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Appl Environ Microbiol. 2014 Oct;80(19):5884-91. doi: 10.1128/AEM.01763-14. Epub 2014 Jul 18.

Dead or alive: molecular assessment of microbial viability.

Author information

1
Department of Environmental and Occupational Health Sciences, University of Washington, Seattle, Washington, USA gcang@uw.edu.
2
Department of Environmental and Occupational Health Sciences, University of Washington, Seattle, Washington, USA.

Abstract

Nucleic acid-based analytical methods, ranging from species-targeted PCRs to metagenomics, have greatly expanded our understanding of microbiological diversity in natural samples. However, these methods provide only limited information on the activities and physiological states of microorganisms in samples. Even the most fundamental physiological state, viability, cannot be assessed cross-sectionally by standard DNA-targeted methods such as PCR. New PCR-based strategies, collectively called molecular viability analyses, have been developed that differentiate nucleic acids associated with viable cells from those associated with inactivated cells. In order to maximize the utility of these methods and to correctly interpret results, it is necessary to consider the physiological diversity of life and death in the microbial world. This article reviews molecular viability analysis in that context and discusses future opportunities for these strategies in genetic, metagenomic, and single-cell microbiology.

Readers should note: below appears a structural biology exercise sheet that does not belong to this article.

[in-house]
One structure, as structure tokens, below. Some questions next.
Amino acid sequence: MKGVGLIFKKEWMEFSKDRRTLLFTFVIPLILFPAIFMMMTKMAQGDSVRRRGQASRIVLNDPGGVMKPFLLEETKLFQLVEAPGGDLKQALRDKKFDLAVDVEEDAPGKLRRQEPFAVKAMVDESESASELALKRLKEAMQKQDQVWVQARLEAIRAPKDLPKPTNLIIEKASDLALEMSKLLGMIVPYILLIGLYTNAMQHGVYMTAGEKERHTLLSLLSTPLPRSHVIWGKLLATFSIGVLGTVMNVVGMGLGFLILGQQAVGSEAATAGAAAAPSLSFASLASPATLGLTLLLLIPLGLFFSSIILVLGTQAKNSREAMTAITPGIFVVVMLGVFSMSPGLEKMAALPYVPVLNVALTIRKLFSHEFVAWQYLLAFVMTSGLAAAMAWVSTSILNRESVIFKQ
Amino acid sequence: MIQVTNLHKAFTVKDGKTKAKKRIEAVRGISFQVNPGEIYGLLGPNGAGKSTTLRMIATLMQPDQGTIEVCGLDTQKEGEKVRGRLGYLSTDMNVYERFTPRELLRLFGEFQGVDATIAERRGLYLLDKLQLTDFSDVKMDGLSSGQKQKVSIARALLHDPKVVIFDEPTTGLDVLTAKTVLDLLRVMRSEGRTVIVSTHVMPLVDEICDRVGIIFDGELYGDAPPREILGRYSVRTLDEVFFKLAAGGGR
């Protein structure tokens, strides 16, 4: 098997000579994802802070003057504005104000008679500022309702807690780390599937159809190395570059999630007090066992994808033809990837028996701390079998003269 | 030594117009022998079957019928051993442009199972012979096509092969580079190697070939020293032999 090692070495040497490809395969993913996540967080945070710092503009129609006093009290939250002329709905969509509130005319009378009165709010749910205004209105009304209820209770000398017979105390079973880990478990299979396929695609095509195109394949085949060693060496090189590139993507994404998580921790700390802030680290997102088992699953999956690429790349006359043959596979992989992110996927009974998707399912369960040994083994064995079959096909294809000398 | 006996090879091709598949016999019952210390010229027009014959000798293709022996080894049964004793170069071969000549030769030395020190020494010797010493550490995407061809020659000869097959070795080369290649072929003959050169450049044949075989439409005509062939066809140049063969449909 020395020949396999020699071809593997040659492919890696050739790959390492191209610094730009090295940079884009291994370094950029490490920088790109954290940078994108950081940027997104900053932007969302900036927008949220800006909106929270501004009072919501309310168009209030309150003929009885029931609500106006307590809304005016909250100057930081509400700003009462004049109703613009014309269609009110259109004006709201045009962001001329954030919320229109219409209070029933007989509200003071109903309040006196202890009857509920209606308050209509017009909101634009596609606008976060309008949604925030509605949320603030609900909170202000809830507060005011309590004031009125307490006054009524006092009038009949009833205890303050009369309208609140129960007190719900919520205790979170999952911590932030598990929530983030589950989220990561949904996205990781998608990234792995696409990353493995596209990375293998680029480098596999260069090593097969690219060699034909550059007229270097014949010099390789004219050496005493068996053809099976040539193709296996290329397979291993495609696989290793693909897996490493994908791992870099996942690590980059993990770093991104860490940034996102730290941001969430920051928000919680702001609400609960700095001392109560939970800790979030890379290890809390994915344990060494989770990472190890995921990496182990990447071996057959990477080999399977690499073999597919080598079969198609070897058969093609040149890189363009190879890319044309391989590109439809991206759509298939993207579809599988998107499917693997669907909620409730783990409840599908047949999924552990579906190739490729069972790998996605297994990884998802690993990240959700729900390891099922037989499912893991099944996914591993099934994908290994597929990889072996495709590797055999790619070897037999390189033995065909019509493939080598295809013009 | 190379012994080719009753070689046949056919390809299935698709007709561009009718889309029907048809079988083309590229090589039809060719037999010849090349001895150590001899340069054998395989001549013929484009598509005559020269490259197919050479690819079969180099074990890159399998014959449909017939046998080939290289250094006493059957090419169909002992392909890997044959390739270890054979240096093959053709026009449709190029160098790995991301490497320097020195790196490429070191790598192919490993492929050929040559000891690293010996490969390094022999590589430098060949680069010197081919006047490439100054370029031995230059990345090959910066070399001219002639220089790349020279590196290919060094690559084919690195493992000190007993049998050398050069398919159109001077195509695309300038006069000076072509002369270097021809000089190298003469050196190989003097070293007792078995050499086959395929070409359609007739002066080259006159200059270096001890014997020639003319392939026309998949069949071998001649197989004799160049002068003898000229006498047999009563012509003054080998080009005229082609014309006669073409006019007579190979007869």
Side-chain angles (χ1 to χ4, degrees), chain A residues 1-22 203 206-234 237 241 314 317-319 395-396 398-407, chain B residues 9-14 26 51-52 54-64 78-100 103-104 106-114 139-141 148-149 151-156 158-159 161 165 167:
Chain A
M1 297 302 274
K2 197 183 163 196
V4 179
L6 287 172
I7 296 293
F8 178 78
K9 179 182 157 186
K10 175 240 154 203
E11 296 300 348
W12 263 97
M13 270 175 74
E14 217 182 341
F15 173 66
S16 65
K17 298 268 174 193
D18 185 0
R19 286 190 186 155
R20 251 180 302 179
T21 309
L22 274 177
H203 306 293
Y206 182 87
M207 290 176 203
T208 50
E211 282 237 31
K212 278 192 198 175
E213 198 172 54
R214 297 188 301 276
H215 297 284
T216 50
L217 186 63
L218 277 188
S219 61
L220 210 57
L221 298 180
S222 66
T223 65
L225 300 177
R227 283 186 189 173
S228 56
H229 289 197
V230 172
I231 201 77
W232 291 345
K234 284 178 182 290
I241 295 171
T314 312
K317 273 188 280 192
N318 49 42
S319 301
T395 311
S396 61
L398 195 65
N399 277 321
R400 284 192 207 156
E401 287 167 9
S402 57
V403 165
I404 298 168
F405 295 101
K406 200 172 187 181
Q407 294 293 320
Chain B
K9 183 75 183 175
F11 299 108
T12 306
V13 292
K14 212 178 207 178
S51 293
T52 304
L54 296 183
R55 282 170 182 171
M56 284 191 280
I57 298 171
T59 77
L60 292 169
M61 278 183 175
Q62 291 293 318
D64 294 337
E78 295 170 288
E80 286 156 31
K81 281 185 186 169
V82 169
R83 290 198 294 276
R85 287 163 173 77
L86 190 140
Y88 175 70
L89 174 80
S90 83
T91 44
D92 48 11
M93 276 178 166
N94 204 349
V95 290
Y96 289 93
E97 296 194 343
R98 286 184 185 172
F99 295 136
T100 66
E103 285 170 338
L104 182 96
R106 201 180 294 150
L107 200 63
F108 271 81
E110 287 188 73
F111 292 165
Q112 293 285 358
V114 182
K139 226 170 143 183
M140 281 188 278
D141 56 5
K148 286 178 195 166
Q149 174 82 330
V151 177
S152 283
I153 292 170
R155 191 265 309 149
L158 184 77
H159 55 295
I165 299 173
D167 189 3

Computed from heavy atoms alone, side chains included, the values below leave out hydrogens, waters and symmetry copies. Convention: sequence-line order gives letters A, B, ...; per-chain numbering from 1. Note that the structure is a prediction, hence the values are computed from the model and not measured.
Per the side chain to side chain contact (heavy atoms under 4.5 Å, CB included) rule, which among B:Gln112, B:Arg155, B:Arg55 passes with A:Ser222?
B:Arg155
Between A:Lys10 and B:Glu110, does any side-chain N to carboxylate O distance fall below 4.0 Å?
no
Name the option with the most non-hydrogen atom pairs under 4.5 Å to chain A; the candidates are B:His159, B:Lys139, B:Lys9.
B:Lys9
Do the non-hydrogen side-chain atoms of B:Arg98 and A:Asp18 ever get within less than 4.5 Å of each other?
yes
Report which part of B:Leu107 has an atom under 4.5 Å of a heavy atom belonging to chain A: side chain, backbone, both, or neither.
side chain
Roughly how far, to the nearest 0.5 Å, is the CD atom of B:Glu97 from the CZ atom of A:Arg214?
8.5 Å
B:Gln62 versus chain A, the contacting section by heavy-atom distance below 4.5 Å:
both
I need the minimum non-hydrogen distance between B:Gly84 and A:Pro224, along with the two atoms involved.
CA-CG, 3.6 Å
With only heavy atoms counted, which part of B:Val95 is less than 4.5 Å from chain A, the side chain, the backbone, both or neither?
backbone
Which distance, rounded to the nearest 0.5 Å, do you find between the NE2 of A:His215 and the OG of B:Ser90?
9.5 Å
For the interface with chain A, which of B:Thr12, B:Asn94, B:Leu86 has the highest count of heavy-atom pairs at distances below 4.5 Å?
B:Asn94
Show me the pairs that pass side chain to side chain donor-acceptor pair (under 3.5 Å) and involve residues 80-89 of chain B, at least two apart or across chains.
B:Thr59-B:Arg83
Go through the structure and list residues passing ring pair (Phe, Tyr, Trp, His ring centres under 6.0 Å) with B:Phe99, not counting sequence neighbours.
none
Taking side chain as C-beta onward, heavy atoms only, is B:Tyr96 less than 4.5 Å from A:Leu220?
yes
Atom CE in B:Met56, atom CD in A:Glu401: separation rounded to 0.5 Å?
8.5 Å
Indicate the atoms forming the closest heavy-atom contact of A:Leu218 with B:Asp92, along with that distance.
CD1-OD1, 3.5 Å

PMID:
25038100
PMCID:
PMC4178667
DOI:
10.1128/AEM.01763-14
[Indexed for MEDLINE]
Free PMC Article

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